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San Pedro Sula Museum, Media, and More

San Pedro Sula    One of the adventures of organizing and traveling in other countries, especially in other languages, is that no matter how much you plan and discuss the agenda – always be ready for surprises.   Our long day in San Pedro Sula proved all of that in spades.

We began the day visiting a school where ACORN parents in the community had won a number of firsts not just in the barrio, but in the entire city.  We had managed to get internet in the school and all of the children small, green and white portable computers, which was quite amazing on many counts. Reporters and photographers from La Prensa were there to join our celebration with the students and teachers.  During the program it became clear that their next goal was to somehow spread the word, using ACORN’s help, that the ACORN parents and group wanted a bilingual volunteer from Canada, the USA or the United Kingdom, so that the children could learn English.  I thought to myself that it might be easier to fight for potable water in the school we visited in Cholomo than to throw out a net and catch a volunteer teacher, but what do I know.

Our next meeting was fascinating.  We met with the woman who had founded and continued to direct the Museum of Anthropology in the city for the last twenty-five years.  There was a moving exhibit on migrant journeys and struggles side by side with relics from Mayan temples more than a thousand years old.  The problem ACORN had embraced in partnering with the museum was how to get more children and their parents to visit, but before we could really get our arms around that problem, we found ourselves being interviewed by a journalist from Tiempo about the background and plans for ACORN’s expansion in Honduras and Latin America in general.  Once the tape recorder was shut off, she gave us excellent advice on how the Honduran pages of the ACORN International website could be useful in giving wider voice to many being stifled throughout the country.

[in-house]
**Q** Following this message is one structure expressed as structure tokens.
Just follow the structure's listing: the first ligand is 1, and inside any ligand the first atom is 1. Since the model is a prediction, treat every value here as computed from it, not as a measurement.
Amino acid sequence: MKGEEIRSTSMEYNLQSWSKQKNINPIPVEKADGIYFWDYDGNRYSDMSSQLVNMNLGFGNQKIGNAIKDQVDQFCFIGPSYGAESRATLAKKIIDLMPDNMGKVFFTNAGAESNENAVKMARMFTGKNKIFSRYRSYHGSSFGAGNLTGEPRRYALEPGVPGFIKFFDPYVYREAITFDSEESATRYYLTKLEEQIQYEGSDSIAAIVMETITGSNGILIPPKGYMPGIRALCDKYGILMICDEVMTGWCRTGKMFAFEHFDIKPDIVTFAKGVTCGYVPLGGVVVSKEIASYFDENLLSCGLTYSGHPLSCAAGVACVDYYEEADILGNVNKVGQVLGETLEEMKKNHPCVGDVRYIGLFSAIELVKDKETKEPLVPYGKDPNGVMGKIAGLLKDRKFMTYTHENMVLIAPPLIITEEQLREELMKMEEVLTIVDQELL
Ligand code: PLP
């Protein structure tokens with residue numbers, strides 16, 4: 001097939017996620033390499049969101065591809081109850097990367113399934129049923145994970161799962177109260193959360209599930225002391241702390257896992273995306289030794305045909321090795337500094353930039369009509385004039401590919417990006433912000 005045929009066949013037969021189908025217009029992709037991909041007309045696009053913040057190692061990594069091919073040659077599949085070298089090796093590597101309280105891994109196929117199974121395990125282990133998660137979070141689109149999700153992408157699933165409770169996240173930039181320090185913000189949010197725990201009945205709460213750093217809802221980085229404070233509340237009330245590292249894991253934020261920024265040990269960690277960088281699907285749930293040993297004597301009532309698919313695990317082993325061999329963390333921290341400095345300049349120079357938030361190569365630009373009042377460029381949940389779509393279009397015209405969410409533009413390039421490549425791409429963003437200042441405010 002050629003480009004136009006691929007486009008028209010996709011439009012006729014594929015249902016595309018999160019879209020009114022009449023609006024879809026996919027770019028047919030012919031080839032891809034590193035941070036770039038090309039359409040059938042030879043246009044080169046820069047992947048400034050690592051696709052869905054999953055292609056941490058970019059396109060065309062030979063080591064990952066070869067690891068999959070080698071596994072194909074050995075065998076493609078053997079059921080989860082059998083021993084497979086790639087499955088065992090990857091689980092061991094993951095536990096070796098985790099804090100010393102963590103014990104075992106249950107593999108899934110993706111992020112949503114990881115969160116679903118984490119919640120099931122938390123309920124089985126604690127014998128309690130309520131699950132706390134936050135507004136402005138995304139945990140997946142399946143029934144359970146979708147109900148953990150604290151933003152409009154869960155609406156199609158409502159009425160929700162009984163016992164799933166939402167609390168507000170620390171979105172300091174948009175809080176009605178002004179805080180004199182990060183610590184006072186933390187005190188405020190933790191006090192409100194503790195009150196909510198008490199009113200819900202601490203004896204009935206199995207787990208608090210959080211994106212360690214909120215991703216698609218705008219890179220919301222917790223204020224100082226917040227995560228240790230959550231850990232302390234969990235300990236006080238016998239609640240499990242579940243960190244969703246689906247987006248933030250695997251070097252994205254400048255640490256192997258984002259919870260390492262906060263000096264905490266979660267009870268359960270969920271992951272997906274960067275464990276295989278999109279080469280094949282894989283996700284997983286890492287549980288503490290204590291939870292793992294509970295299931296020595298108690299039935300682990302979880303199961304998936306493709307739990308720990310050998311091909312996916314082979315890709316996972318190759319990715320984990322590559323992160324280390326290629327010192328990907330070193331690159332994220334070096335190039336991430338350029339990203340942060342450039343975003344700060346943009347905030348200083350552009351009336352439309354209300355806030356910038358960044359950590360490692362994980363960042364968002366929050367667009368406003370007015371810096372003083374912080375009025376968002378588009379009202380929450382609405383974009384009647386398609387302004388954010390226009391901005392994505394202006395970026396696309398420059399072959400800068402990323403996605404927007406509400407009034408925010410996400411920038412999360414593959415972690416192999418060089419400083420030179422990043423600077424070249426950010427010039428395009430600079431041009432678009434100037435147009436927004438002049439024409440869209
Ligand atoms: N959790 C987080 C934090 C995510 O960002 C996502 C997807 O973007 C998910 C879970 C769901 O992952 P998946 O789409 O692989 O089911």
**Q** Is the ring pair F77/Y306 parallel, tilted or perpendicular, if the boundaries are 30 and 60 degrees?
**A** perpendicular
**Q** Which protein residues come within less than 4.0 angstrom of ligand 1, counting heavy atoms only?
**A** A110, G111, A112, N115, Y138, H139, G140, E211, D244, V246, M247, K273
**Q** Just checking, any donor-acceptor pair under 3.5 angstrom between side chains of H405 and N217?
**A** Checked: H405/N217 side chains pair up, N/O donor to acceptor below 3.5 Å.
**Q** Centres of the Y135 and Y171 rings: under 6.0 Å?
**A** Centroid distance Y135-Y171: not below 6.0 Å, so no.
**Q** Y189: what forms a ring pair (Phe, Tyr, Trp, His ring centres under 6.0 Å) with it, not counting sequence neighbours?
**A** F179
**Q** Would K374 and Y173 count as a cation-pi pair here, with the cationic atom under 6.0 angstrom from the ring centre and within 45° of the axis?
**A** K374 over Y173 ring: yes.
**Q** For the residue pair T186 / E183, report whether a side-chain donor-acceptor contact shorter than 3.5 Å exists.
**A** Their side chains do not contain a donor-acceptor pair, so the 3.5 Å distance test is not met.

Later, after a celebration of ACORN’s work and our great allies in government, politics and elsewhere in the city, we grabbed a cup of coffee before heading off to a radio interview.  When we arrived, we found that the radio session was actually a television interview with a nationally respected journalist for 30-minutes.  We were fishes out of water on Maya TV on a show called in English, “the end of the day.”

We breathed a sigh of relief at having survived the multi-lingual experience without damaging ACORN’s work and found there was one more short meeting to go, a meet-and-greet with an old university friend of our organizer, Suyapa Amador.  Arriving we discovered he owned and managed radio and television stations that we learned were not only in Honduras but also in Nicaragua and Peru. Luckily, no cameras were running and no tape recorders had been clicked “on,” so having dinner with the media mogul and former presidential candidate at a Denny’s across from his studio seemed almost a relief after our madcap day.